In 1860, probably looking for more stability, he married Nina Emily Hawthorne in Memphis. Soon after, the Civil War started, and P.B.S. Pinchback turned his attention to ways that he could support the Federal troops, eventually becoming a captain of an all-black regiment in the Federal Army. He was vocal and active about the poor treatment to himself and to other black troops. Several times over the course of the war, he tried to recruit and lead black soldiers, but when he tried to get the promotions he sought, he was always thwarted in the end because a black man was not allowed to be in command.
Around 1867, now in New Orleans, he started to develop his political career, organizing the Fourth Ward Republican Club. He began to accept more political appointments and was eventually elected as a delegate to the 1867 Louisiana Constitution Convention, where he both “introduced and succeeded in securing adoption of the Thirteenth Article, which guarantees civil rights to all people of the State; regardless of race, color, or previous condition of servitude.” (Sewell, p. 8)
P.B.S. Pinchback gradually assumed enough political credentials that he became lieutenant governor, and was in this position on December 8, 1872, when a highly contentious gubernatorial election was held and two different election boards certified elections with two different candidates, one Republican and one Democratic. Henry Clay Warmouth seemed to be the apparent winner, but he alienated his own party, and P.B.S. Pinchback, as the presiding officer of the Louisiana Senate, had the power and seated the previously elected senators. Warmouth was shortly impeached for “high crimes and misdemeanors” for his actions and P.B.S. Pinchback was seated as Governor from December 9, 1872 until January 13, 1873, when Republican W. P. Kellogg was inaugurated as Governor. (Bennett, Jr.)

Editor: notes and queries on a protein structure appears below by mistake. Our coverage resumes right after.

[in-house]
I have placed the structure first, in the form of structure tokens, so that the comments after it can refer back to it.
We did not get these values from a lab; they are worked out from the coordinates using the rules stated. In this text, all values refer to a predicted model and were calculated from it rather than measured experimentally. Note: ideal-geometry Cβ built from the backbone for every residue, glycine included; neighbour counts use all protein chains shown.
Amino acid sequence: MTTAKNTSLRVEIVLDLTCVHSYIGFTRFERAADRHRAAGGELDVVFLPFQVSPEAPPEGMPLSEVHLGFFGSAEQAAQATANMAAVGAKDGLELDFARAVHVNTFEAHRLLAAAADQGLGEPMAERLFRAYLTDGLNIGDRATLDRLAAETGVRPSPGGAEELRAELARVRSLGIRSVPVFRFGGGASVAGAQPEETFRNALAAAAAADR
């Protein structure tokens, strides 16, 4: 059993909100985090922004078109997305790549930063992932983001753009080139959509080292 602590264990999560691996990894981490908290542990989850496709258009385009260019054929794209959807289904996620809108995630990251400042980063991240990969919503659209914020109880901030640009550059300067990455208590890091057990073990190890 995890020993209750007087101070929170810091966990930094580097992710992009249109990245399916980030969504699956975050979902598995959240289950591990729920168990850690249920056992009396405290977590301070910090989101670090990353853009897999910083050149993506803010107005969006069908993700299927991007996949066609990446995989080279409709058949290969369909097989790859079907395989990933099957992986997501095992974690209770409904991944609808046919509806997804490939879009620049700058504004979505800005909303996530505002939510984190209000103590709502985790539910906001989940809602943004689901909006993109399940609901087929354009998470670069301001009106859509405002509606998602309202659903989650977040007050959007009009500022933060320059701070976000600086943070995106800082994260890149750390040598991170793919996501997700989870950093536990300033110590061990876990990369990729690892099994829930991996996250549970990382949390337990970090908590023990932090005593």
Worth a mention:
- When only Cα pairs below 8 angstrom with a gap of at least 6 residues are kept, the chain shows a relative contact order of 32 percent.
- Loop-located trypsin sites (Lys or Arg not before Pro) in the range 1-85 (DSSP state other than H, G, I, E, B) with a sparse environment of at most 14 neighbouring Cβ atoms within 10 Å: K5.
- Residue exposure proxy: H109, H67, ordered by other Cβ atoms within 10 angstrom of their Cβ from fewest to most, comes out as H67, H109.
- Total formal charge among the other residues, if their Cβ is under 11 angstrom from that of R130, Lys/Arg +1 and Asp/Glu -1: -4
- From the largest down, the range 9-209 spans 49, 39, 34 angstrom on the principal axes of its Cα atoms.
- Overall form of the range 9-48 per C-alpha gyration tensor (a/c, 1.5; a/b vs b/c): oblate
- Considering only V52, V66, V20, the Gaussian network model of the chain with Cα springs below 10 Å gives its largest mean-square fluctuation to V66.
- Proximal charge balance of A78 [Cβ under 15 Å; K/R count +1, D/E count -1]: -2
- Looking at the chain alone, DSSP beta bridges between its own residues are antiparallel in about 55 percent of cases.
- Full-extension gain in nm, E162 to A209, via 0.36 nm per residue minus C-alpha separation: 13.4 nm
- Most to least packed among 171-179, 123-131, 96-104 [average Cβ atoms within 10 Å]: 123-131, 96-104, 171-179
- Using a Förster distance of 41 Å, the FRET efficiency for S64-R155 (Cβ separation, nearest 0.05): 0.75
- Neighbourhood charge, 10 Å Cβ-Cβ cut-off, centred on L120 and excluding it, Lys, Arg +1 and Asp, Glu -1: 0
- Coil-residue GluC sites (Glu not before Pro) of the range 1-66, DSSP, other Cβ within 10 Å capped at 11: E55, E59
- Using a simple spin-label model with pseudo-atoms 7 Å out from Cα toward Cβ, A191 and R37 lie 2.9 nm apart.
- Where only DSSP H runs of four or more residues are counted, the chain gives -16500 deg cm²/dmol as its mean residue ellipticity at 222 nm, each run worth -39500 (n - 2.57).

P.B.S. Pinchback was simultaneously running for a Congressional Senate seat, and although his elected credentials were duly signed, twice, by W. P. Kellogg, due to political maneuvering in Congress, he was never able to take his elected seat. He eventually moved his family to Washington and continued to champion for civil rights.
A bit of College History & the Republican Party: